Chew/ John Layman & Rob Guillory

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Had to borrow these since the title sported my family name!

It did not disappoint.

Tony Chu is a “cibopath” investigator for the US Food and Drug Administration, one who can get psychic impressions (past sequence of events) by taking a bite into things. Some things include corpses.

What a oddly different class of super powers.

Plus a really weird storyline that’s so quirky and somehow believable, in a comic book way.

The FDA is a powerful agency namely because if the Avian Flu outbreak, resulting in a global enforcement of a chicken and poultry ban.

Add some high-powered (money and/ or similar new superpowers) characters — baddies and sidekicks — in a unfolding conspiracy, plus Alien writing in the sky.

So very X-files.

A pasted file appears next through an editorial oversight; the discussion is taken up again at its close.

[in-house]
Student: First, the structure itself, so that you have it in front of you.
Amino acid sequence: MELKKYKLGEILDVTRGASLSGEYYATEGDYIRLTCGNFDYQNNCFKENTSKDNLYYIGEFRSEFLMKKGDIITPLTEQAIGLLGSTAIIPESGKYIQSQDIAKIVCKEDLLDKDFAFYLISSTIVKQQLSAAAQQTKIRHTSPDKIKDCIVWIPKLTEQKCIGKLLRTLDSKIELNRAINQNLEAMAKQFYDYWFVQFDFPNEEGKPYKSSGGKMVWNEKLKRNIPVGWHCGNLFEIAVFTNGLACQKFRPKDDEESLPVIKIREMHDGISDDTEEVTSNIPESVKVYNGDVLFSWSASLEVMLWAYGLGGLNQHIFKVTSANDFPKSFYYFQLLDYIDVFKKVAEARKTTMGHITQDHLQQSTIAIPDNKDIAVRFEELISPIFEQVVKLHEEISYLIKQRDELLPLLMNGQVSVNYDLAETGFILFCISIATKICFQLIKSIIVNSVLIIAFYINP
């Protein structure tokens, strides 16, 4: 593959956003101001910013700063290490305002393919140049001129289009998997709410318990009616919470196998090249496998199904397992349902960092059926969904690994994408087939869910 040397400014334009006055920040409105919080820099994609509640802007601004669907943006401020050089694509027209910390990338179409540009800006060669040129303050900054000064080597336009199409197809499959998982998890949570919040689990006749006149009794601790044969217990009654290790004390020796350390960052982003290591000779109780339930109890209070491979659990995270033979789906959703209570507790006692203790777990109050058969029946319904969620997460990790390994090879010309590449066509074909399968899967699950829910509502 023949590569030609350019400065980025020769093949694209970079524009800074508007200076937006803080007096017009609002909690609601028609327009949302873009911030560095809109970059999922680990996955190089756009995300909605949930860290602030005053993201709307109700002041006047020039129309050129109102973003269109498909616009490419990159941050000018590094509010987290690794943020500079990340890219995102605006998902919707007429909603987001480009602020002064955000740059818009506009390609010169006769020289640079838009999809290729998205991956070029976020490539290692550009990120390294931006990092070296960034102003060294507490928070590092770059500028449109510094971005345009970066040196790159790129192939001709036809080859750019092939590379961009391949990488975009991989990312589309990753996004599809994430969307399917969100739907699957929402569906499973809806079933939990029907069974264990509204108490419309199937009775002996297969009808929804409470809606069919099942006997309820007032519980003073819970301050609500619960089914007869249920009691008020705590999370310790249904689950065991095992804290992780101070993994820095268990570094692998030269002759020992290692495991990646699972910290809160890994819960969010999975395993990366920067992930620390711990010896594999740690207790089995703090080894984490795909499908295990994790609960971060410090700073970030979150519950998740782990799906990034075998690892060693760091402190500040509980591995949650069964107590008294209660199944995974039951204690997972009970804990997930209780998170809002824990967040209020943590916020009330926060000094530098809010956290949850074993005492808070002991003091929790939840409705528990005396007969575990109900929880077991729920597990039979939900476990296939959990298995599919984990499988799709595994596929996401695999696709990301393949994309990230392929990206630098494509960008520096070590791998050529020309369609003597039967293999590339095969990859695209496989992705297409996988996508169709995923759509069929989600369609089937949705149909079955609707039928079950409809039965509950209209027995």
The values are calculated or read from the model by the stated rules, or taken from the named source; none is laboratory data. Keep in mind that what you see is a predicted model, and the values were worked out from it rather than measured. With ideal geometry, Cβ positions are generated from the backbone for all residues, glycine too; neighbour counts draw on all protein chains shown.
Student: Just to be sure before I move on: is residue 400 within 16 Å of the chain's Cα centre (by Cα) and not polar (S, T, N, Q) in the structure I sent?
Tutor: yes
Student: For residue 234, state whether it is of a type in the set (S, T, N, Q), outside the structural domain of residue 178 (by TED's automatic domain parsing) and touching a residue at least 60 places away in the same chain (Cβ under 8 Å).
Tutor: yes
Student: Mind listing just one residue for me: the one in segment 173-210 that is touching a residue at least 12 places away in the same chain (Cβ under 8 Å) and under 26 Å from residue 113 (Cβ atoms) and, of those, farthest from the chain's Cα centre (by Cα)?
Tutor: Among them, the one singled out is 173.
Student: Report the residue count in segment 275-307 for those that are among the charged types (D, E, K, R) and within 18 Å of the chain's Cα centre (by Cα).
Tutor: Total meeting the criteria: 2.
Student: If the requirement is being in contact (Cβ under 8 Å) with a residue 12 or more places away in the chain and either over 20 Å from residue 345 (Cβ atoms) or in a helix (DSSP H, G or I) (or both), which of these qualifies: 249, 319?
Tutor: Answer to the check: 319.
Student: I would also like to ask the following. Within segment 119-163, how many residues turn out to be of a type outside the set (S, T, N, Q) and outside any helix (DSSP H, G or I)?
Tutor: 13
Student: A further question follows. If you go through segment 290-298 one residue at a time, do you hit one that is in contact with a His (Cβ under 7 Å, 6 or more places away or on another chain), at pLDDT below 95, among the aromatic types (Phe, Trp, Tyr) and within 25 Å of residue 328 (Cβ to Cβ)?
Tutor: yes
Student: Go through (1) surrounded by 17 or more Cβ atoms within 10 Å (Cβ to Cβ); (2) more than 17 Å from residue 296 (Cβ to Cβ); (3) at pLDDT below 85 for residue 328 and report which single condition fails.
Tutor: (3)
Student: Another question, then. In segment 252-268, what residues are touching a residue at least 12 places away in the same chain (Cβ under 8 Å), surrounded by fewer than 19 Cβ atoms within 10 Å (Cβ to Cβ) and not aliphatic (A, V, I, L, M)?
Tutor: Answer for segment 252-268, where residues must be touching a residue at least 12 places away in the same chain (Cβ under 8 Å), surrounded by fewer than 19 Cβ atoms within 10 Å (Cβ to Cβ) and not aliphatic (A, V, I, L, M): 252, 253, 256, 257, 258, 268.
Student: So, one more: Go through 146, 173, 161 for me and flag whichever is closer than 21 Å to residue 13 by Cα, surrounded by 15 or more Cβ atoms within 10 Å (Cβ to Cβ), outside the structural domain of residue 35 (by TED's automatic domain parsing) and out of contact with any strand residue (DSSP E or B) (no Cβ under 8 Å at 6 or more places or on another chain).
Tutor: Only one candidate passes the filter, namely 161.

Chew. [Volume 3]: Just desserts
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Chew. [Volume 4]: Flambé
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The dragons of Babel/ Michael Swanwick

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I recognised the author’s name from previous Scifi Best Of anthologies and magazine stories in Analog (or Azimov?)

Then the blurb made me take the literary hook.

Check this out:

“A war-dragon of Babel crashes in the idyllic fields of a postindustralized Faerie and, dragging himself into the nearest village, declares himself king and makes young Will his lieutenant. Nightly he invades the young fey’s mind to get a measure of what his subjects think.

Eventually forced from the village, Will travels with female centaur soldiers, witnesses the violent clash of giants, and acquires a surrogate daughter, Esme, who may be immortal. Evacuated to the Tower of Babel — infinitely high, infinitely vulgar — Will rises as an underling to a haint politician and meets his one true love — a high-elven woman to whom he dare not aspire.”